News briefs for July 2, 2018.
SUSE is being acquired by EQT. SUSE.com notes that with this partnership "SUSE expects to be equipped to further exploit the excellent market opportunity both in the Linux operating system area as well as in emerging product groups in the open source space." SUSE CEO Nils Brauckmann will continue to lead SUSE, and "the SUSE business expects staffing, customer relationships, partnerships, product and service offering, commitment to open source leadership and support for the key open source communities to remain unchanged."
The Linux Foundation recently announced that Google has become a Platinum Member of the foundation. From the press release: "'Google is one of the biggest contributors to and supporters of open source in the world, and we are thrilled that they have decided to increase their involvement in The Linux Foundation,' said Jim Zemlin, executive director, The Linux Foundation. "We are honored that Sarah Novotny, one of the leading figures in the open source community, will join our board—she will be a tremendous asset.'"
MintBox Mini 2 launched yesterday. The MintBox Mini 2 is the 4th generation of the miniature, ready-to-use, fanless mini PCs from Compulab and Linux Mint. The MBM2 is based on the quad-core Intel Celeron J3455 and ships with the latest Linux Mint 19 "Tara" Cinnamon pre-installed. Compulab provides a 5-year warranty on MBM2 and donates 5% to Linux Mint for each MBM2 sold. See the press release for specs and more details.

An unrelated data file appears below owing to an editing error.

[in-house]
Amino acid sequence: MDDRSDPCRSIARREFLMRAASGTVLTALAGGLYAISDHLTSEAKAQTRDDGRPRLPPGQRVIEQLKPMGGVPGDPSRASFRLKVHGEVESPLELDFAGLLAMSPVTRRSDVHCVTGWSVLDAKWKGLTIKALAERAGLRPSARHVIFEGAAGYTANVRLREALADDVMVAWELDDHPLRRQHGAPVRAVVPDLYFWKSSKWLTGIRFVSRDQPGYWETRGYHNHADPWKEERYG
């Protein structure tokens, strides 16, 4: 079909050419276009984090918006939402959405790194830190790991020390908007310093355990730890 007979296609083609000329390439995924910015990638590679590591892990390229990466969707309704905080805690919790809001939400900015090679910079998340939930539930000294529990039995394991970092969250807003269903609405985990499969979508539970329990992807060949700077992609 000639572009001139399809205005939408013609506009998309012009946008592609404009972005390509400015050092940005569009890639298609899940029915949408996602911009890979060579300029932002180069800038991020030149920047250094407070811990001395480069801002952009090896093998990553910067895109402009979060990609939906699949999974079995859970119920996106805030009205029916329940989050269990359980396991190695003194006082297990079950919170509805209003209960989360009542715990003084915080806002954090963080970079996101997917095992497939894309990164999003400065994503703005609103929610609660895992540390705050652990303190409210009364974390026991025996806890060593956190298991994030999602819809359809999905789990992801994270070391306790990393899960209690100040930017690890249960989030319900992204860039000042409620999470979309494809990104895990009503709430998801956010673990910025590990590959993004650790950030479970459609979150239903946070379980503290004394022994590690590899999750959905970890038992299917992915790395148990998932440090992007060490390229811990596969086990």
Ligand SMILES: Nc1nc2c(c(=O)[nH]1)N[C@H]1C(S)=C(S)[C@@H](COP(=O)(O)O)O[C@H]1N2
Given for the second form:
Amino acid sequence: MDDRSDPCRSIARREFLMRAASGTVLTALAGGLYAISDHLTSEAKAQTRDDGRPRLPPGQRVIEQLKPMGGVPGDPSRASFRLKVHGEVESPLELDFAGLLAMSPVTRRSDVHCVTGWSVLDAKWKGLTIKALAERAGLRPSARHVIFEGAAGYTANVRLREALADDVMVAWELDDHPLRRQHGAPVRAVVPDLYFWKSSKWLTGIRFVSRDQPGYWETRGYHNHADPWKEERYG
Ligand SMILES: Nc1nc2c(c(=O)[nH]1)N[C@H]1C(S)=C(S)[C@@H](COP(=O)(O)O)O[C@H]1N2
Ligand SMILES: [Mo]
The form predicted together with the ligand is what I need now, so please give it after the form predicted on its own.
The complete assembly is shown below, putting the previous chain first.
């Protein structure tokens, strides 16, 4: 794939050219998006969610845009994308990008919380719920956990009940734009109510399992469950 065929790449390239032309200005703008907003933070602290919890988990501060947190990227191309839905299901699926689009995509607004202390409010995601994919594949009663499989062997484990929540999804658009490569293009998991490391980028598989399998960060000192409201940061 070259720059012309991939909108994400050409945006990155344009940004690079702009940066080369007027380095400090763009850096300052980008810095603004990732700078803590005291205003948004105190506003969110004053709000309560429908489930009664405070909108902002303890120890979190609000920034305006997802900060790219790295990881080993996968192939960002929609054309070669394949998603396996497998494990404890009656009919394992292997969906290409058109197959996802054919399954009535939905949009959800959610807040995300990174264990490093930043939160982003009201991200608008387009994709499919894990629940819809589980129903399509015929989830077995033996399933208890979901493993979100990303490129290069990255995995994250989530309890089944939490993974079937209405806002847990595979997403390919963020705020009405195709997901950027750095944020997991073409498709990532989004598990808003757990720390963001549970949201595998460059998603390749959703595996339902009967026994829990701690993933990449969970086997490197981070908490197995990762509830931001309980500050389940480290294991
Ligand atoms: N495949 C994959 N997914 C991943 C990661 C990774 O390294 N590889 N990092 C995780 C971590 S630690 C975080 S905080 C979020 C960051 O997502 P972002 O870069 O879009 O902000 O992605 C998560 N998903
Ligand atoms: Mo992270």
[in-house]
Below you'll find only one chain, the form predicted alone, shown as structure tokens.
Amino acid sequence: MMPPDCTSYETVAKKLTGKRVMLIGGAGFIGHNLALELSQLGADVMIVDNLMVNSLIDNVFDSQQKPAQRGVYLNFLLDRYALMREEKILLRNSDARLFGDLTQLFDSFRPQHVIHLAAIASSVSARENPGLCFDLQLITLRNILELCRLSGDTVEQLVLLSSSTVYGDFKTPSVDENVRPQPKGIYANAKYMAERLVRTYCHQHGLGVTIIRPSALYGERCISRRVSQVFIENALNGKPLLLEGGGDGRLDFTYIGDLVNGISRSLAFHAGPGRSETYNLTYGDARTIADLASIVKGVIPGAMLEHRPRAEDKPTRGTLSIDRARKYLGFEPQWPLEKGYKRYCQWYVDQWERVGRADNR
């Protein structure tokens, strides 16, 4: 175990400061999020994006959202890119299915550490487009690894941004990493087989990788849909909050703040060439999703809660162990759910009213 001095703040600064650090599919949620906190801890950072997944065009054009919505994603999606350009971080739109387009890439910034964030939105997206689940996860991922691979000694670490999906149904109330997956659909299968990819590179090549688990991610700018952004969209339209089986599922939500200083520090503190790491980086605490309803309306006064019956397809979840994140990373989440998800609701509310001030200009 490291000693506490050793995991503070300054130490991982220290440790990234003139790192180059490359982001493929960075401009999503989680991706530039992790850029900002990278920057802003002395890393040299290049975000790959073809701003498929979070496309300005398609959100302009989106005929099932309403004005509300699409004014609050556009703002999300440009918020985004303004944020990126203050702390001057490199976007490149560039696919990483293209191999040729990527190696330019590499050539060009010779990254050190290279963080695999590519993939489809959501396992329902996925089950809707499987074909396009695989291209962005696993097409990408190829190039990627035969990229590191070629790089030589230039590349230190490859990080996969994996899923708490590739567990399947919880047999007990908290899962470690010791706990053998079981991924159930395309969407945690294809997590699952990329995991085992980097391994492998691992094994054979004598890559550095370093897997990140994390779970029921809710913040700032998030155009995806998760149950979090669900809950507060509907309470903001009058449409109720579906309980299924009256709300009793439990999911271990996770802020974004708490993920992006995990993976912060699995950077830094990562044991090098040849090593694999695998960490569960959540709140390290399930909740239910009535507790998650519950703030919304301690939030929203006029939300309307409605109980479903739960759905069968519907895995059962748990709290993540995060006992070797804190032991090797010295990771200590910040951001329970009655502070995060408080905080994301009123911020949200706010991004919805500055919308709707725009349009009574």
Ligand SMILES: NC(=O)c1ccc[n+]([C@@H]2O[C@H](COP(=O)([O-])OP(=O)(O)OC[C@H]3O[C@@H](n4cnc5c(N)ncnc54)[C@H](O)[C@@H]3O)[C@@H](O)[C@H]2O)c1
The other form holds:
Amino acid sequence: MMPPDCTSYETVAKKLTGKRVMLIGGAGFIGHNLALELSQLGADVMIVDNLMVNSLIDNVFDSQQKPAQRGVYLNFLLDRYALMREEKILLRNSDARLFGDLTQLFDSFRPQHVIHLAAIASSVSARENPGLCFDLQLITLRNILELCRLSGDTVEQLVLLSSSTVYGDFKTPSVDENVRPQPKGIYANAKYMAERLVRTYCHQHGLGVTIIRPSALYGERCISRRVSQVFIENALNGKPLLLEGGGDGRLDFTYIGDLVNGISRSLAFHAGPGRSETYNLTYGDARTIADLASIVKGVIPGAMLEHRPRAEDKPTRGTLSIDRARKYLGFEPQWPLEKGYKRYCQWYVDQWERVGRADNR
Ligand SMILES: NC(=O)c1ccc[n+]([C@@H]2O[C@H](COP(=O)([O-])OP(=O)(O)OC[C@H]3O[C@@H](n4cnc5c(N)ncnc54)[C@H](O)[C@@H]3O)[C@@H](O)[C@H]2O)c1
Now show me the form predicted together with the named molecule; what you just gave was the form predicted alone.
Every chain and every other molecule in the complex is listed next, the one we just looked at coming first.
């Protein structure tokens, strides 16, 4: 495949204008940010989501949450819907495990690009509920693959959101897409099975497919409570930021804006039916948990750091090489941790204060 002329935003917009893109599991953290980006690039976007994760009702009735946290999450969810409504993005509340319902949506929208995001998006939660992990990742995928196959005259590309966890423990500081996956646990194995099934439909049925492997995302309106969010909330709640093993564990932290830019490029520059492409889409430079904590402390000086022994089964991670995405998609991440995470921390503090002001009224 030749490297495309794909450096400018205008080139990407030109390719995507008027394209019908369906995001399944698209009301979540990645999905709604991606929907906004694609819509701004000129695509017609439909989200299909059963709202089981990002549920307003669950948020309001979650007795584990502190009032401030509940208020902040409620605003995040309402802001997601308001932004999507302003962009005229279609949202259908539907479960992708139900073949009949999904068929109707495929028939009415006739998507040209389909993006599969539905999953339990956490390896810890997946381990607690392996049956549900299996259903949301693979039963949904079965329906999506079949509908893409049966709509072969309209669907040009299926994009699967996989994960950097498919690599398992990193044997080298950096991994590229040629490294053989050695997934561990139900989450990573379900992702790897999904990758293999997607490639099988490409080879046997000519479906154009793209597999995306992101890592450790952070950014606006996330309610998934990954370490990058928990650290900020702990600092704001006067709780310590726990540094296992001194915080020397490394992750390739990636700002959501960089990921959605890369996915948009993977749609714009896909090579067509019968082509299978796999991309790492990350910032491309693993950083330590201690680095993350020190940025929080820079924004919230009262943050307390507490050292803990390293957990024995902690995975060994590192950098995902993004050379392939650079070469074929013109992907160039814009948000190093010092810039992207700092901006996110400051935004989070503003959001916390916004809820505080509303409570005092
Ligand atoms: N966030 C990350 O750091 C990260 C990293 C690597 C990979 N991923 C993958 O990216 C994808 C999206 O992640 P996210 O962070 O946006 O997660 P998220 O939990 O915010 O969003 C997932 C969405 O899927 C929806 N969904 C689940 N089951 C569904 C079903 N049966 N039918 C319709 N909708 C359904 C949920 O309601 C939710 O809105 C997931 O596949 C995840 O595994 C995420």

The OpenShot Video Editor has released version 2.4.2, which features "new effects, tons of bug fixes, and more stability and performance enhancements!" New improvements include seven new effects (crop, hue, color shift, pixelate, bars, wave and shift), auto audio mixing, auto rotate, improved audio playback, improved stability and more.
BusyBox version 1.29.0 has just been released. According to post on the Appuals site, "This new release might end up seeing more serious use as part of boxed network routing solutions. For instance, companies that manufacture a Linux-based router that doesn't have a proper GNU userspace could include BusyBox with it and therefore provide a useful coding environment."